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Ransomware is a malicious software that holds files hostage, usually by encrypting them. The attacker then demands a fee to decrypt the encrypted files or return them. Historically, ransomware was used to extort money from unsuspecting users but in recent years it has been increasingly used as a tool for cryptominers, who need computing power to generate cryptocurrencies.

The first ransomware threat emerged in the 1980s when a Harvard-trained evolutionary biologist named Joseph L. Popp distributed AIDS Trojans on diskettes to attendees at an international AIDS conference. The code hid file directories and demanded $189 to unlock them, but it wasn’t until the 2000s when ransomware really came into its own. During this time, early variants such as PC Cyborg and GpCode made their way to the masses.

By the end of the decade, ransomware had become a staple of cybercriminals’ arsenals. Initially, attacks targeted individual computers but in the early 2010s ransomware became more sophisticated and targeted organizations.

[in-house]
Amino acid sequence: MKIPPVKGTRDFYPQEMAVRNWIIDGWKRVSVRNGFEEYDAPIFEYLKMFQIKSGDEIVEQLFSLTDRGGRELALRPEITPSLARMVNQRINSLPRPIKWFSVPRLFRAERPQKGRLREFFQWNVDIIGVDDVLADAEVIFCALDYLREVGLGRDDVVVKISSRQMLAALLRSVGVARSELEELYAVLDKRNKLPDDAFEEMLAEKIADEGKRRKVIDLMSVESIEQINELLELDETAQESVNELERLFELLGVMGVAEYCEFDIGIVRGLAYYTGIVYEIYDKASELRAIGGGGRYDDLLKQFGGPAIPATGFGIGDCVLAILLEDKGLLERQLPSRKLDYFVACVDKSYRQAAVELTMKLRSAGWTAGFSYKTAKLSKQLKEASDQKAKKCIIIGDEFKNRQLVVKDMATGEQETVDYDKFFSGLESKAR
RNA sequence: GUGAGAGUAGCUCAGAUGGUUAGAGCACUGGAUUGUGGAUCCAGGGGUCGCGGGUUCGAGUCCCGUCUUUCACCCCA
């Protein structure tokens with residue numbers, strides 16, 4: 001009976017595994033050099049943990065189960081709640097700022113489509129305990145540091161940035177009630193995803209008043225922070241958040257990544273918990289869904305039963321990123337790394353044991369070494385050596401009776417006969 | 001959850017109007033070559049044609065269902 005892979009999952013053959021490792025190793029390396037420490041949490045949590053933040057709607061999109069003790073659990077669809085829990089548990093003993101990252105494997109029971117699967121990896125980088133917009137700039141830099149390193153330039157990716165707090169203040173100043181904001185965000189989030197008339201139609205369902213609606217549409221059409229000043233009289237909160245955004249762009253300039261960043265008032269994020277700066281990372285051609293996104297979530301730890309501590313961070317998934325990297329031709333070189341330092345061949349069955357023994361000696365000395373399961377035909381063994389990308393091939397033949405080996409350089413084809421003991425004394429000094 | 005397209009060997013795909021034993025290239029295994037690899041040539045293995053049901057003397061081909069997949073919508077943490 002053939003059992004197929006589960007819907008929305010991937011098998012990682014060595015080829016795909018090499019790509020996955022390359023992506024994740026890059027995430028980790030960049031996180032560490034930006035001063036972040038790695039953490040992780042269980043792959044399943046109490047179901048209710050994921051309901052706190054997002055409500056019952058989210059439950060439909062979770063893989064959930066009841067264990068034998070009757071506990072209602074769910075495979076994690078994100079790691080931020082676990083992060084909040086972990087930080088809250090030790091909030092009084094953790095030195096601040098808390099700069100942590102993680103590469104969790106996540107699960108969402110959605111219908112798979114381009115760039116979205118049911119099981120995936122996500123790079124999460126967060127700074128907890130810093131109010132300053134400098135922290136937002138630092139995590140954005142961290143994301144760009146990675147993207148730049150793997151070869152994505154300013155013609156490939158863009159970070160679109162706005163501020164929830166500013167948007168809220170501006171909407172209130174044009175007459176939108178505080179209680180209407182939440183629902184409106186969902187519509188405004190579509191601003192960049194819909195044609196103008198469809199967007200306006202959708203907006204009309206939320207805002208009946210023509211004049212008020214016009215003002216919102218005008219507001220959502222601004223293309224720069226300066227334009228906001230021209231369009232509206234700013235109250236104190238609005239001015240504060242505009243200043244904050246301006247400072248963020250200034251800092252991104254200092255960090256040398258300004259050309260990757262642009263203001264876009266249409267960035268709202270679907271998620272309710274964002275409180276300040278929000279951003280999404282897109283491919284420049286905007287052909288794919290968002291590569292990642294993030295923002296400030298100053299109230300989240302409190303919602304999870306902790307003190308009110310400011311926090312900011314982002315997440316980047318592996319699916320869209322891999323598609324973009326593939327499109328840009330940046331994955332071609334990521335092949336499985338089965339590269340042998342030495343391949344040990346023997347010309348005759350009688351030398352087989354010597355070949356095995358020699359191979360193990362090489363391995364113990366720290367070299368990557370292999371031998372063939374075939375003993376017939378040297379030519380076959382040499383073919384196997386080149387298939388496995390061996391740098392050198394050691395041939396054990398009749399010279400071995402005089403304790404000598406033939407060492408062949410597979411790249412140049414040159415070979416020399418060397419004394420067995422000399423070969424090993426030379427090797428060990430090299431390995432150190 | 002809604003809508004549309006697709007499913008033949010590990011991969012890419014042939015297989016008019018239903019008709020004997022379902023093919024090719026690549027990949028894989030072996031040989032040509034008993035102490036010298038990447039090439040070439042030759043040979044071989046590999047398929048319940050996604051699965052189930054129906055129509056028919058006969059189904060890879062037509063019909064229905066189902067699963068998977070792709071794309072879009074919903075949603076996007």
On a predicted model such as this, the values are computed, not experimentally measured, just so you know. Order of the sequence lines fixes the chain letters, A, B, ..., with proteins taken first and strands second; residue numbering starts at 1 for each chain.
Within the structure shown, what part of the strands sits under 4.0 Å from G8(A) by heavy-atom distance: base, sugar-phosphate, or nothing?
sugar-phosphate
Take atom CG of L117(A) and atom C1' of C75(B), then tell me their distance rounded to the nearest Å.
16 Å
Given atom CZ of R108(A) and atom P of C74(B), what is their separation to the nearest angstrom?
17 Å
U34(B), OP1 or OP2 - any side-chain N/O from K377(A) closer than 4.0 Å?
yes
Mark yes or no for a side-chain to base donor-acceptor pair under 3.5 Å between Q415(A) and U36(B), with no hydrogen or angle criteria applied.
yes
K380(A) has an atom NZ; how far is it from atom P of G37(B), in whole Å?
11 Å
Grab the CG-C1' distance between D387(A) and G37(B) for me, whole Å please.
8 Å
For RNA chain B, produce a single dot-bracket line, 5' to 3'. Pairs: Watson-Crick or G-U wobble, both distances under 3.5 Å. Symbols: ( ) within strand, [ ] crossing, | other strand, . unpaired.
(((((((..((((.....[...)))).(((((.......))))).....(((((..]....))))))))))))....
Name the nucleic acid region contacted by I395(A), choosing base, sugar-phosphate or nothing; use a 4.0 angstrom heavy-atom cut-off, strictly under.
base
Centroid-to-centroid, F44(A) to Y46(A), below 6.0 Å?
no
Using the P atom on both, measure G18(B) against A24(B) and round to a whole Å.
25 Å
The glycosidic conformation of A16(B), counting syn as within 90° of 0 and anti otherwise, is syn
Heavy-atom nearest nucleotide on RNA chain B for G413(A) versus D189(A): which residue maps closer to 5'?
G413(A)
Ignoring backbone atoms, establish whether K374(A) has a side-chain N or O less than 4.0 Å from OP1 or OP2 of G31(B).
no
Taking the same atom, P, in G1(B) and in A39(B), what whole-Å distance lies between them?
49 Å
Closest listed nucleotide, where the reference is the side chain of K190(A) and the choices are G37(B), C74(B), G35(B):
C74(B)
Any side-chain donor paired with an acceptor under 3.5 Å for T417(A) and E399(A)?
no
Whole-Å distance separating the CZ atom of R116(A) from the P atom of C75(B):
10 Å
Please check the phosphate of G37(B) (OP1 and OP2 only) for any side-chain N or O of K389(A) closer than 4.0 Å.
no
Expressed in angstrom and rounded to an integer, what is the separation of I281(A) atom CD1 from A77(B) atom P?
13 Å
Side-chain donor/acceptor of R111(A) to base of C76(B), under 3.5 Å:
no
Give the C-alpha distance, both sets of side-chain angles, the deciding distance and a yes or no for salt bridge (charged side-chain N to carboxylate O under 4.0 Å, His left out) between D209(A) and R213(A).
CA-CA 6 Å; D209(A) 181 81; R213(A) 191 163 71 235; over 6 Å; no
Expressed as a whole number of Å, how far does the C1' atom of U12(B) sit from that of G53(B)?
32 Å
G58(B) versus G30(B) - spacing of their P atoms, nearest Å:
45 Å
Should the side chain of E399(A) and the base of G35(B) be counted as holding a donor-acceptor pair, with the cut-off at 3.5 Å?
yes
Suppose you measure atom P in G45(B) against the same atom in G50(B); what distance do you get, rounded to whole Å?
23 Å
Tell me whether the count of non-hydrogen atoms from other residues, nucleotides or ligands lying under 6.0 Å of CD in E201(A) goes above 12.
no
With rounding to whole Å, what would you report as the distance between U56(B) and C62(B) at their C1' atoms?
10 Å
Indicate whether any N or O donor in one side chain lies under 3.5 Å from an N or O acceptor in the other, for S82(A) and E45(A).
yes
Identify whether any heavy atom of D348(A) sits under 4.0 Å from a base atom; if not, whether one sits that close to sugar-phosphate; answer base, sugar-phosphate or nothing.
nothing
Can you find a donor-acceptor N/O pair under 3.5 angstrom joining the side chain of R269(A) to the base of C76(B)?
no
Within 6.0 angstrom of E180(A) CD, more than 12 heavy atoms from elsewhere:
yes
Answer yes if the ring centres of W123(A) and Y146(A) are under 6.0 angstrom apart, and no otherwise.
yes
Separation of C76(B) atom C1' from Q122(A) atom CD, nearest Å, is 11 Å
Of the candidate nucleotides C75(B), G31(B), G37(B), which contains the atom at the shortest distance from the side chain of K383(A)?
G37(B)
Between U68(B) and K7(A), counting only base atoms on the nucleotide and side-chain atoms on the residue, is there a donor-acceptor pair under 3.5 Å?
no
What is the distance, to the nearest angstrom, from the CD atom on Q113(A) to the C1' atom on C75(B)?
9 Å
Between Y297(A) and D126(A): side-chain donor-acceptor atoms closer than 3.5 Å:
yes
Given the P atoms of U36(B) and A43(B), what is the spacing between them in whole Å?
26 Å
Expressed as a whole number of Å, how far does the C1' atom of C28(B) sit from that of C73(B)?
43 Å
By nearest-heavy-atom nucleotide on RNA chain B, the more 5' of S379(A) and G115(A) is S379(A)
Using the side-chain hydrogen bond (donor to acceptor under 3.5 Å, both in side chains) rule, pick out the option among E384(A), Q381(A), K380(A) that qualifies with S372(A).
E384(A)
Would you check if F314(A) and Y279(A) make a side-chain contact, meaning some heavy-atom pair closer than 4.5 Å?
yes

Using social engineering to trick victims into downloading or opening phishing emails, malware like Reveton and NotPetya entered systems to install ransomware. Once inside, these types of attacks were able to take over the entire computer and encrypt data and files.

With the popularity of ransomware on the rise, security experts and law enforcement are continuing to fight back. In May 2023, CISA, the FBI and MS-ISAC released the #StopRansomware Guide, a helpful addendum to an organization’s cyber incident response plan that outlines key steps to reduce risk, including isolating infected aspects of a system, powering down components and identifying the source.